Over the past few years, many of us have unfortunately become familiar with descriptors like the Great Resignation and the Great Disengagement. Even if you have not heard these terms, you are likely familiar with their meaning.
The former describes the onslaught of people quitting their jobs due to all sorts of current socioeconomic and mental health reasons, while the latter points to people keeping their jobs but having a profound sense of emotional disengagement with their work. Sometimes referred to as “quiet quitting,” such disengagement is especially prevalent in the “helping professions” like the medical industry, the education field, and some forms of ministry.
Both trends are, to some degree, part of what author Jennifer Moss calls the “burnout epidemic” in her book on chronic stress. This problem has accompanied a wider acceptance of hybrid work culture in response to the COVID-19 epidemic—which has further blurred the boundaries between our professional and personal lives.
As a professor of organizational communication, I am fascinated with the way people communicate about work and how that impacts their overall quality of life. And as a Christian, I am especially interested in the degree to which believers understand work as part of our callings.
For those of us who feel especially called to a particular kind of work or who seek to bring a sense of calling into our work, a hybrid work culture can be even more complex. That is because there’s the added pull of holy responsibility on top of structural complexities—a relational commitment to the Caller that can drive us to ignore healthy boundaries.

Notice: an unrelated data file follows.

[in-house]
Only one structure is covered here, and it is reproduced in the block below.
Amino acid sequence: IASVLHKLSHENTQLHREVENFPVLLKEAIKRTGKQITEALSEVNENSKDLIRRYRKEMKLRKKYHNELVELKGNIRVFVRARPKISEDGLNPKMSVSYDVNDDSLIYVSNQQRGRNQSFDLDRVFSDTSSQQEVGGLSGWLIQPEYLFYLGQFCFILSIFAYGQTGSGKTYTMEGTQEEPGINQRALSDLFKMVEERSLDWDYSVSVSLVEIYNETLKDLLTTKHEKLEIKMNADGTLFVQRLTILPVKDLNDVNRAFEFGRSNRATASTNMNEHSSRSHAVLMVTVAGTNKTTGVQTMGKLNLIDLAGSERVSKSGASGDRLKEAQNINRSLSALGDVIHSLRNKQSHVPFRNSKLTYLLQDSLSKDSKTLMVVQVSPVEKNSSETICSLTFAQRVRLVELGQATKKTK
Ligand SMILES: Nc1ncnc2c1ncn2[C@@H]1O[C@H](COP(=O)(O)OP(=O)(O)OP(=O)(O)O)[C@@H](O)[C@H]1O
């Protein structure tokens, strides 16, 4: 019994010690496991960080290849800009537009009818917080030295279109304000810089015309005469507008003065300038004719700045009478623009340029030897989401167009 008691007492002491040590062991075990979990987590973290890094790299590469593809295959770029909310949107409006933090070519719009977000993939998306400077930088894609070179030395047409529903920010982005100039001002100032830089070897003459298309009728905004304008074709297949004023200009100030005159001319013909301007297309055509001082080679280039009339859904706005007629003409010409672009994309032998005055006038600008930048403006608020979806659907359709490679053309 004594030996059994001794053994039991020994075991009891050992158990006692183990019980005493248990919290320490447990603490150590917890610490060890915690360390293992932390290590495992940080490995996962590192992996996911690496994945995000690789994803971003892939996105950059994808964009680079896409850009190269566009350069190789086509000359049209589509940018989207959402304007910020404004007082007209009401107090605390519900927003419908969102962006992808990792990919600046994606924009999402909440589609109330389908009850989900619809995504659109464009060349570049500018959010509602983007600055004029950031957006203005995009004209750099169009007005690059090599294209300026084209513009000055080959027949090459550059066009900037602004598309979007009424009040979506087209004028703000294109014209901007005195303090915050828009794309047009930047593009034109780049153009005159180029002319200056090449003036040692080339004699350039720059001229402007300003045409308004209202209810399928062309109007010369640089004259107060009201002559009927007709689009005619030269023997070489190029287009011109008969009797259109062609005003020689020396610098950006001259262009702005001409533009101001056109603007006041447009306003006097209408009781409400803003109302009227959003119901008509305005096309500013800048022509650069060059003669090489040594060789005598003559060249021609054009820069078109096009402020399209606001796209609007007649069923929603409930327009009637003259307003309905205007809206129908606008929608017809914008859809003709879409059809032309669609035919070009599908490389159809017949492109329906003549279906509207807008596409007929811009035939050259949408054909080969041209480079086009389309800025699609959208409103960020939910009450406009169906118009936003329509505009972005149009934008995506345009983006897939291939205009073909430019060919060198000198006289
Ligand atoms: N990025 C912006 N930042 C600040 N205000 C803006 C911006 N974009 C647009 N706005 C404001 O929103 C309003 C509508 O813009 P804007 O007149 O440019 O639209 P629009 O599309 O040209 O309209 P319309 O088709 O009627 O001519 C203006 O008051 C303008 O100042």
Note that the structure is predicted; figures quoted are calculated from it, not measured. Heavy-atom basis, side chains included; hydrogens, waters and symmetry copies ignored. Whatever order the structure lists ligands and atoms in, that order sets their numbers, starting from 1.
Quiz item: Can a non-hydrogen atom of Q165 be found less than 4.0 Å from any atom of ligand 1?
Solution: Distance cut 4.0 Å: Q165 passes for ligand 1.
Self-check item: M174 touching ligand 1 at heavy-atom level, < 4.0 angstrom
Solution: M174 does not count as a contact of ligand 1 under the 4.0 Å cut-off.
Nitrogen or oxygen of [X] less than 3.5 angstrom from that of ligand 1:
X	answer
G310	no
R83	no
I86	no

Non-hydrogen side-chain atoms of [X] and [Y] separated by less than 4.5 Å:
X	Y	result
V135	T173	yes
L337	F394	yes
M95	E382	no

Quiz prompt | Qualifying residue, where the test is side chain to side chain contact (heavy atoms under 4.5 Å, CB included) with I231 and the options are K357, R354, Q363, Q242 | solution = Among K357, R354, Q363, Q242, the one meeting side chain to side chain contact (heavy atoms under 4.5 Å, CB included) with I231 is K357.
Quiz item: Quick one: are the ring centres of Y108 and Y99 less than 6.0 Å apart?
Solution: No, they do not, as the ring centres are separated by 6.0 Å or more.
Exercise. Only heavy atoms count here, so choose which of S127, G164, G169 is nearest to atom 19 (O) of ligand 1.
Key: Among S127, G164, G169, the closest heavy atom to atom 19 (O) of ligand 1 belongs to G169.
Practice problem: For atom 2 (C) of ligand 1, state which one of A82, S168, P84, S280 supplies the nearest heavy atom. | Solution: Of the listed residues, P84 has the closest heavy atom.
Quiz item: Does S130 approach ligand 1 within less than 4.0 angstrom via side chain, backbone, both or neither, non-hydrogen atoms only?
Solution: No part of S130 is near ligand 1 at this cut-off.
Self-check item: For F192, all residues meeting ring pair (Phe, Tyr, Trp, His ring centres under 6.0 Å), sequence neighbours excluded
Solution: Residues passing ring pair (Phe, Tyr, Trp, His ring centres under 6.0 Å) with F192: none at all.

This year, Labor Day celebrates 140 years of seeking to recognize and honor the contributions of workers by offering an extra day of rest. And while work and rest may seem like opposites, they exist in the same spectrum of a healthy and meaningful life.
As we shift gears from the glories and exhaustions of summer to the rhythmic academic calendar schedule of fall, we have a chance to reexamine our relationship with work and rest—to reflect on what these concepts mean to us and why they should always be considered together.
On the one hand, we cannot talk about work and rest without acknowledging the privilege associated with both. With job loss on the rise for the past two years, it is a privilege to be employed—and with the cost of living as high as it is these days, it is a luxury to be able to choose to take a break from work and seek rest.
At the same time, the Lord invites his followers into a way of life that includes a mindset of working unto him (Col. 3:17) and resting like our Creator (Gen. 1; Heb. 4:9–10).
The problem is not work—it’s what we have done to work.
The narrative of Genesis introduces us to a Creator God who worked and said that it was good. Work was a form of worship—an expression of good, creativity, productivity, community, play, intentionality, and care. But in the Fall when sin entered the scene, a toxic form of work seeped into our world. We elevated work to a place in our lives that gave it the power to define our identities and worth—this is the problem.
When we approach our callings in a way that reflects the work of God, we are worshipping him in spirit and truth—yet we cannot talk about healthy work without talking about rest.